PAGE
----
Hitman: Agent 47 appears in an aspect ratio of approximately 2.35:1 on this Blu-ray Disc. The Blu-ray replicated the source well.

Sharpness seemed strong. Only minor instances of softness materialized, as the movie usually seemed concise and accurate. Shimmering and jagged edges remained absent, and I witnessed no edge haloes. Print flaws failed to appear, so this was a clean presentation.

Orange and teal dominated the palette, but not to an oppressive degree. The colors were fine within their stylistic restraints. Blacks looked deep and taut, and shadows showed good clarity; low-light shots could be a bit dense but they were more than acceptable. This turned into a pleasing transfer.

No complaints accompanied the good DTS-HD MA 7.1 soundtrack of Hitman. With plenty of action, the soundscape often opened up in a dynamic manner and used all the channels to positive advantage. Various vehicles zoomed around the room and guns peppered the soundscape to solid effect. The soundfield added to the experience.

No real issues with audio quality emerged. A couple of louder lines showed mild edginess, but the vast majority of the speech remained natural and distinctive. Music was bold and dynamic, and effects killed. Those elements were expressive and impactful, as they showed fine definition and power. While not one of the best soundtracks I’ve heard, this was a very good mix.

A running feature, the Hit Counter comes alongside the movie. It displays Agent 47’s “hits” as well as storyboards, concept art, pre-vis footage and facts/trivia related to the video games. Some decent information emerges, but the elements fill so much of the screen that it becomes tough to activate the “Hit Counter” and watch the film at the same time.

Three Deleted Scenes fill a total of four minutes, three seconds. We find “Fabian Hanging” (1:52), “Warehouse” (1:15) and “Construction Fight” (0:56). These don’t add much, though the last two give us a little more action.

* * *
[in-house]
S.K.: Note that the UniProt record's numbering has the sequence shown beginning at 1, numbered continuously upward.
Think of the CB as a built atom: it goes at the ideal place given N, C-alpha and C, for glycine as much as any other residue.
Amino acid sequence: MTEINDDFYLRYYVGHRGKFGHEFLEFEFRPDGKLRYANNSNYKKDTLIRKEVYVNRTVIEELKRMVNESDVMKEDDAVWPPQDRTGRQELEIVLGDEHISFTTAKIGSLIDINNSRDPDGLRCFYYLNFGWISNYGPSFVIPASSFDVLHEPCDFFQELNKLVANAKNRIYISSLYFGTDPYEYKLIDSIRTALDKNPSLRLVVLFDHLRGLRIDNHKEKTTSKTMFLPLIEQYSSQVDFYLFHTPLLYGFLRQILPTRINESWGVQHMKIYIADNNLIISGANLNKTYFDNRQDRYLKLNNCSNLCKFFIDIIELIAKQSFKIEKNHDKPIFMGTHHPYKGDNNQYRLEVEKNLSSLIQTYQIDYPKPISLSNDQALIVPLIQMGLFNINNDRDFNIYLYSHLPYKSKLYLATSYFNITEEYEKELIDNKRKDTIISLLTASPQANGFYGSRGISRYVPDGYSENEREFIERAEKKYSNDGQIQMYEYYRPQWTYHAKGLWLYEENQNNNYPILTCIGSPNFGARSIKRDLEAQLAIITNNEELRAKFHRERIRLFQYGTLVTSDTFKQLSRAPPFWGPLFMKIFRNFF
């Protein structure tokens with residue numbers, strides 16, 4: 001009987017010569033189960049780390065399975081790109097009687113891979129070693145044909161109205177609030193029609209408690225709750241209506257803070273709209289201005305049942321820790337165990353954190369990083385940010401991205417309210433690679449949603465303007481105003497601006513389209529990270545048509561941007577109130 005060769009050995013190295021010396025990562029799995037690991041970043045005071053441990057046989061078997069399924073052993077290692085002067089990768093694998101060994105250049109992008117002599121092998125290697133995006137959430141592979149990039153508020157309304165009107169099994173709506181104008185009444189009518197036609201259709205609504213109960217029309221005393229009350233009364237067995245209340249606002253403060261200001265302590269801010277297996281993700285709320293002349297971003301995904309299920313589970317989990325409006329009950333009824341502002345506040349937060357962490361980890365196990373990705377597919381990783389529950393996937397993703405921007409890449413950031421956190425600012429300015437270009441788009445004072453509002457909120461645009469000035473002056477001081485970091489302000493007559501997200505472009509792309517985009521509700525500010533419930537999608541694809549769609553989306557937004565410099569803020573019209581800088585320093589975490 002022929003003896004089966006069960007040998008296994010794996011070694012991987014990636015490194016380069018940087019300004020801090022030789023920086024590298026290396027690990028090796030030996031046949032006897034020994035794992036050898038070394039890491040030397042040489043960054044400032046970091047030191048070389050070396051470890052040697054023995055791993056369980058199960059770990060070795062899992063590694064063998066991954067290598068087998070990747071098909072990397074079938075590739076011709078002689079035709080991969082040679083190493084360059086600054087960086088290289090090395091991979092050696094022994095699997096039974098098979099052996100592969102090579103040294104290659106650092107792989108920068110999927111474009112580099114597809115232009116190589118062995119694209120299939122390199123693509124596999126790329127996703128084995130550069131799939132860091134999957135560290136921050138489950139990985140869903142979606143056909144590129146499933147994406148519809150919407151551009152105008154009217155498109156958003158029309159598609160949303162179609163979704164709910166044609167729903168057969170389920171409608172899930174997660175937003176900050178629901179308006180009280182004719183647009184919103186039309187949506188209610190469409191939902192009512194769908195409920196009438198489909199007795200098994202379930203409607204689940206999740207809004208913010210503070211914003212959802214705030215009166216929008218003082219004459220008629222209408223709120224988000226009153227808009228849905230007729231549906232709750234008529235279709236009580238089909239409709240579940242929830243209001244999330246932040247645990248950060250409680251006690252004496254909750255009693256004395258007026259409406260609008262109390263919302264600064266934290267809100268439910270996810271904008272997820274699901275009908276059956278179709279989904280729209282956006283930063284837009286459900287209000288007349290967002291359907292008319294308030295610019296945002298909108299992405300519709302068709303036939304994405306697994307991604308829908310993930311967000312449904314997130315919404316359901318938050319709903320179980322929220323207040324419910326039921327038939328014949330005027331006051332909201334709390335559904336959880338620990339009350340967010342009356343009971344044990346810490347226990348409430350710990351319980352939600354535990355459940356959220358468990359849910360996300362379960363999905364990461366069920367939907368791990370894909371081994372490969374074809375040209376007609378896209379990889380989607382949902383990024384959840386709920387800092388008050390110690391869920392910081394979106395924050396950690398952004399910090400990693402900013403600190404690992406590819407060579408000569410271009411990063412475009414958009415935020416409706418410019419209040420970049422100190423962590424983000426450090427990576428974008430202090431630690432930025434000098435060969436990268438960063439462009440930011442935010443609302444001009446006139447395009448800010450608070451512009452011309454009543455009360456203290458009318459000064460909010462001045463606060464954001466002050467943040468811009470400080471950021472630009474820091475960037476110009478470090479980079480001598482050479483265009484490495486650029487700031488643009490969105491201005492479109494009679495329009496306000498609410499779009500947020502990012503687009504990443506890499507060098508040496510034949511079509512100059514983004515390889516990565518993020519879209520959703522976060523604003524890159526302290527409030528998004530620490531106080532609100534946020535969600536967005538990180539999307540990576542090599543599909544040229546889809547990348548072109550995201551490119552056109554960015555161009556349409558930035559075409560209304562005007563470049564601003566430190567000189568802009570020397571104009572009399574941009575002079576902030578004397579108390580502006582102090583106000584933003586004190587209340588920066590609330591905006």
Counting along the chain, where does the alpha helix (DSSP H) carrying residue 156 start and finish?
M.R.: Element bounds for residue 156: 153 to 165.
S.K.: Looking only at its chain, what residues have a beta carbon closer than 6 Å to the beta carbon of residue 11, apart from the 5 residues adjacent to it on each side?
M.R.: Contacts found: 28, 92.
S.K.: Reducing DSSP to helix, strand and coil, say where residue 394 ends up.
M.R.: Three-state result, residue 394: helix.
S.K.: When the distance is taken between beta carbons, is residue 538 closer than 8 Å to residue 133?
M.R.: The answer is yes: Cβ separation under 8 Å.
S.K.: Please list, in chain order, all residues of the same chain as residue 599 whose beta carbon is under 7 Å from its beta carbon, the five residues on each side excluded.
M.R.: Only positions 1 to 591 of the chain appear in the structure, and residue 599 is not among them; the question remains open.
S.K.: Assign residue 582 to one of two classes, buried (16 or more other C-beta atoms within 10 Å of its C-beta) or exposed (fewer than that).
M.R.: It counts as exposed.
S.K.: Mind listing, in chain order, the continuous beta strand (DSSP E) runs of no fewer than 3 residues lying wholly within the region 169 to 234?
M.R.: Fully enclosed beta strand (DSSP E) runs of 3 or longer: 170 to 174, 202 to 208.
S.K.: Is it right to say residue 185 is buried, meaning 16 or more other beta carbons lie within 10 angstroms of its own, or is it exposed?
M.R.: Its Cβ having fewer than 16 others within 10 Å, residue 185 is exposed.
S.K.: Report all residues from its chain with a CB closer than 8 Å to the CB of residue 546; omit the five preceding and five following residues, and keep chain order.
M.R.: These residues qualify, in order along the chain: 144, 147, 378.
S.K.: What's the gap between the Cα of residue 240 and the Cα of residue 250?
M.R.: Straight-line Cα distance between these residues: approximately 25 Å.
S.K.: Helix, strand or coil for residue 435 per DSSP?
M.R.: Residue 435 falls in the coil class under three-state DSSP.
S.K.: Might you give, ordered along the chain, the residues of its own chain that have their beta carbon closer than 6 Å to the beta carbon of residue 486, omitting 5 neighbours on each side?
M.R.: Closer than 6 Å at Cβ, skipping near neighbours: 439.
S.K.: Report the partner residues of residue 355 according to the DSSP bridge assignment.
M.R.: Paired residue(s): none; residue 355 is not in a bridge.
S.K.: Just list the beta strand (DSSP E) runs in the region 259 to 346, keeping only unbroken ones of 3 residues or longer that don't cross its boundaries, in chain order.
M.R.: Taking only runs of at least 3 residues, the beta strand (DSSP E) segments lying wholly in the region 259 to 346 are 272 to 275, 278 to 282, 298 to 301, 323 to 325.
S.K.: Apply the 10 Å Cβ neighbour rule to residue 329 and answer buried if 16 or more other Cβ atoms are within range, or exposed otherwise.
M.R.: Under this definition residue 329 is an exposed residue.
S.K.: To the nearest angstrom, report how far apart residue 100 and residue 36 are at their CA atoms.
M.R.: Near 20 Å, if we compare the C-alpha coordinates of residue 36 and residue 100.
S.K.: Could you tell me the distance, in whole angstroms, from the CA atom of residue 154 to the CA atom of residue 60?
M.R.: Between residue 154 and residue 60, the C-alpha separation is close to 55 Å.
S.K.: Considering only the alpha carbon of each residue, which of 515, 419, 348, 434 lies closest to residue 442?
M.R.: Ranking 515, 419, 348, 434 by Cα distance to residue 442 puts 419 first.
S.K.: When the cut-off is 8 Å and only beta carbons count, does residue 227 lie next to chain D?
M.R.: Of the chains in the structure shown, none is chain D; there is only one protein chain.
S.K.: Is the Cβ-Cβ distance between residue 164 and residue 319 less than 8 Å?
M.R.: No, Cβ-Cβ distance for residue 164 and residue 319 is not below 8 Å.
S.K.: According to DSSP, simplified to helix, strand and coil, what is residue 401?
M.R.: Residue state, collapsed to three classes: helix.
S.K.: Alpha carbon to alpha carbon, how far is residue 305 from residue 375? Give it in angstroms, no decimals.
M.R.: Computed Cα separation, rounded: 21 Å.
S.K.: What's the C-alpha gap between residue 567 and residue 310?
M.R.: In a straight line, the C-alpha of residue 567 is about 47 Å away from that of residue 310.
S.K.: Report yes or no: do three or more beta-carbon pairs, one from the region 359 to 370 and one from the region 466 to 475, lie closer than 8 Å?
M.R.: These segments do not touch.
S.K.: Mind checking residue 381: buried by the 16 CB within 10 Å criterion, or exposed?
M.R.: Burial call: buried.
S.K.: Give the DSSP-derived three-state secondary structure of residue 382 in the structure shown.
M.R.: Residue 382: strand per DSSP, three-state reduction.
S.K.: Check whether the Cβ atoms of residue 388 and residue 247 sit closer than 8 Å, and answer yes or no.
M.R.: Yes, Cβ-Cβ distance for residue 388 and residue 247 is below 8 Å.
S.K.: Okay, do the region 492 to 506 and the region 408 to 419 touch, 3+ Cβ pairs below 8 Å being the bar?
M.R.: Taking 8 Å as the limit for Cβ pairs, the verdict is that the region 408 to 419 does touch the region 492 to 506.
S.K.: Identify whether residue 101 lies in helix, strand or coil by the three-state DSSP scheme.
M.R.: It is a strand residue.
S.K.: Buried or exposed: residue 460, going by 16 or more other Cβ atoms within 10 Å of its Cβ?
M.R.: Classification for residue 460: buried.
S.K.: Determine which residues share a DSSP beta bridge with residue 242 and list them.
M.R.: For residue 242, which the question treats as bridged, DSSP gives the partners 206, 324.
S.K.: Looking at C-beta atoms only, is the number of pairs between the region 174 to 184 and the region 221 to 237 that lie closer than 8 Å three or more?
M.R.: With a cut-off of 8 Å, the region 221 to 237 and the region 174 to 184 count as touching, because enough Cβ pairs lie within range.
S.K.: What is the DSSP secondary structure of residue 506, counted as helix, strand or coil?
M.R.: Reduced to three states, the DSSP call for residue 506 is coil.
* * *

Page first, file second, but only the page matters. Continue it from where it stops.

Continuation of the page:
A few featurettes follow. Reimagining Hitman lasts six minutes, two seconds and offers info from producer Adrian Askarieh, director Aleksander Bach, and actors Rupert Friend, Hannah Ware, Zachary Quinto and Ciaran Hinds. “Reimagining” looks at the video games and their adaptation to the big screen, cast and performances, and story/character areas. A few minor insights emerge, but the show usually remains superficial.

During the six-minute, 54-second Ultimate Action: Staging the Fights, we hear from Friend, Ware, Bach, Quinto, Askarieh, stunt coordinator Jonathan Eusebio, and fight coordinator Jon Valera. We learn about stunts and action. Again, a smattering of useful details pop up here, but the overall impact seems fluffy.

Five Promotional Featurettes take up a total of six minutes, 28 seconds. We get “Around the World” (1:36), “Ultimate Hitman” (1:06), “Who Is John Smith” (1:26), “Creating Katia Van Dees” (1:07) and “Iconic” (1:13). Across these, we get comments from Bach, Askarieh, Friend, Ware, Quinto, Valera, and producer Alex Young. These look at locations, story and characters, cast and performances. As stated by the title, these remain promotional pieces with little substance.

Next we find a Comic Book. This comes as a still frame format and shows a prologue to the film’s story, which makes it useful.

Making of the Comic Book lasts a mere one minute, 49 seconds. It features Askarieh, Boom! Studios’ Stephen Christy, and comic writer FJ DeSanto. This offers a smattering of thoughts about the Blu-ray’s comic but it’s too short to tell us much.

Two Galleries appear. A “Stills Gallery” delivers 12 photos from the film, while a “Poster Gallery” offers 12 ad ideas for the film. The former is a snoozer, but the latter shows some interesting concepts.

The disc opens with ads for The Revenant, The Martian and SPECTRE. Sneak Peek adds promos for The Strain Season 2, Homeland Season 4, Maze Runner: The Scorch Trials and The Transporter: Refueled. We also get trailers for Hitman.

The package also contains a printed comic book. This duplicates the comic found on the Blu-ray itself.

With many elements borrowed from other films, Hitman: Agent 47 never creates its own identity. It also fails to deliver excitement, as it presents a generic, lackluster action tale. The Blu-ray brings us very good picture and audio as well as a mostly superficial collection of supplements. Maybe a third Hitman movie will succeed, but Agent 47 fails to stand out from the crowd.

Viewer Film Ratings: 3.6666 Stars Number of Votes: 3
0 3: